Rip current circulation and surf zone retention on a double barred beach

Shari L. Gallop*, Karin R. Bryan, Sebastian J. Pitman, Roshanka Ranasinghe, Dean R. Sandwell, Shawn R. Harrison

*Corresponding author for this work

Research output: Contribution to journalArticle

5 Citations (Scopus)

Abstract

Rip currents have an important control on the exchange of water and advected materials such as sediment and pollutants, between the surf zone and inner shelf. Concurrent in situ Eulerian and Lagrangian (GPS drifter) data of surf zone waves and currents were combined with video data on wave breaking patterns over the inner and outer bars on a high energy, double-barred beach. The data collectively show how the occurrence of wave breaking over the outer bar changes the behavior of a channel rip current, and the exchange process. On both days, there was a prominent clockwise eddy in the surf zone, for which the seaward-heading portion formed a rip current in a well-defined channel rip, incised into the inner bar. Exit rate (measured with drifters) from the surf zone to inner shelf decreased significantly with increased wave breaking over the outer bar, from 71% exits to 6% over the two days. Exit rate appears to be driven by the balance between wave breaking over the inner and outer bars and pulsing of currents within the surf zone. Under higher wave conditions, there were stronger pulsations in surf zone currents and more surf zone exits. However, higher wave conditions caused wave breaking over the outer bar. This breaking increases vorticity around the outside of the surf zone eddy, which increases surf zone retention. This is in contrast to previous studies showing that vorticity is highest at the center of surf zone eddies. Under such conditions, drifter exits were rare, and occurred due to vortex shedding. During lower incident wave conditions, eddy vorticity was lower, and drifters could relatively freely exit the surf zone. This is one of the few studies that investigate surf zone circulation on a high energy, double-barred beach.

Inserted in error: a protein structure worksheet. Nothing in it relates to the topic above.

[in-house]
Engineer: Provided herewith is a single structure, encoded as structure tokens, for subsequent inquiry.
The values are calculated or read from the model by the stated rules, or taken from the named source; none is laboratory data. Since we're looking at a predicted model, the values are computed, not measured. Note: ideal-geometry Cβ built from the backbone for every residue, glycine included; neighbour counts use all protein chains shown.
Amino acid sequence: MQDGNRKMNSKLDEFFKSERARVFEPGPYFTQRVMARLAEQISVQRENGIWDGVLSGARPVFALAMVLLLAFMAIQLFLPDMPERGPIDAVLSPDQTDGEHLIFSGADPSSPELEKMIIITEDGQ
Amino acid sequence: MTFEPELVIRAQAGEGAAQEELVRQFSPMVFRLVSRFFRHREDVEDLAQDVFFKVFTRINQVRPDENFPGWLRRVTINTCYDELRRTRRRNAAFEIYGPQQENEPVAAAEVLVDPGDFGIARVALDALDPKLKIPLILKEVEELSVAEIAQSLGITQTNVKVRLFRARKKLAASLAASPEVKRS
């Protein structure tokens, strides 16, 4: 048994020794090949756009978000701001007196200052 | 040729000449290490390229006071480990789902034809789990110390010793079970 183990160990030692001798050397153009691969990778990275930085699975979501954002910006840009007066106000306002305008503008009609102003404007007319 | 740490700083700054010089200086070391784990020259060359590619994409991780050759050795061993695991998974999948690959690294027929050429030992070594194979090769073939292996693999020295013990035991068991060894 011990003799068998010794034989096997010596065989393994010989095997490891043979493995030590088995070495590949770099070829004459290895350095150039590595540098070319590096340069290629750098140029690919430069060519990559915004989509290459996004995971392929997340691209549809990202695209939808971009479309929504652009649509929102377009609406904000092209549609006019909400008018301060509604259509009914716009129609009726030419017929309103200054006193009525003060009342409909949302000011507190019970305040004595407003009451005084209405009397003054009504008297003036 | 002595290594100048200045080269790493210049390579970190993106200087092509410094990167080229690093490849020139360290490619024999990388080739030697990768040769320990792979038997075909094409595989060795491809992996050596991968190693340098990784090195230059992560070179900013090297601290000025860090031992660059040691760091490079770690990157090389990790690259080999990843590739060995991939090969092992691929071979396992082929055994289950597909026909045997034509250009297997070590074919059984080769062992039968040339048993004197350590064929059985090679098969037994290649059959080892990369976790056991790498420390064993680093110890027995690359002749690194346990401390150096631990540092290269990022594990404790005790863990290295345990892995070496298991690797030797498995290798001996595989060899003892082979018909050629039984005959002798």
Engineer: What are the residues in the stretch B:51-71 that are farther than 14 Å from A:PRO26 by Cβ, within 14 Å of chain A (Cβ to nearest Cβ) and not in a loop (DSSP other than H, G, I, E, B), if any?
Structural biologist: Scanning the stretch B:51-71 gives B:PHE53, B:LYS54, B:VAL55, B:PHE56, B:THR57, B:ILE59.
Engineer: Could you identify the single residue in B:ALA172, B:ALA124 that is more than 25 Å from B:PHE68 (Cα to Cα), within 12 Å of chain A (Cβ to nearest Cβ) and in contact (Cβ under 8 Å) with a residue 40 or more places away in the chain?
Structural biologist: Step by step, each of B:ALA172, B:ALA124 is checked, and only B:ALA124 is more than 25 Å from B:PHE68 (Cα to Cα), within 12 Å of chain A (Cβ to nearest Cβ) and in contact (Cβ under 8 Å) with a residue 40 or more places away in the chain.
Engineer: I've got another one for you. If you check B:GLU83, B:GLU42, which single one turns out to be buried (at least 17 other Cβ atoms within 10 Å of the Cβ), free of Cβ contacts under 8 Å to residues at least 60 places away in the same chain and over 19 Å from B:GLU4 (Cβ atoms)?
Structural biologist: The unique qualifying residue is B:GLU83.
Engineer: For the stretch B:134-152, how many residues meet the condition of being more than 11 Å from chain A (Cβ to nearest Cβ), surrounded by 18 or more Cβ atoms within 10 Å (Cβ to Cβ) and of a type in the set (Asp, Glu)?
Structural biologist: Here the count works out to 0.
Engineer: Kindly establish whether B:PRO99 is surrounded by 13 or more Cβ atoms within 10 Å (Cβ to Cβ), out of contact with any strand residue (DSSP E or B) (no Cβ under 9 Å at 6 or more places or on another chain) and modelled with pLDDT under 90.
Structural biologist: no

Original languageEnglish
Pages (from-to)12-22
Number of pages11
JournalMarine Geology
Volume405
DOIs
Publication statusPublished - 1 Nov 2018

Keywords

  • Beach hazards
  • Beach processes
  • Coastal morphodynamics
  • Rip channels
  • Rip currents
  • Surf zone exchange

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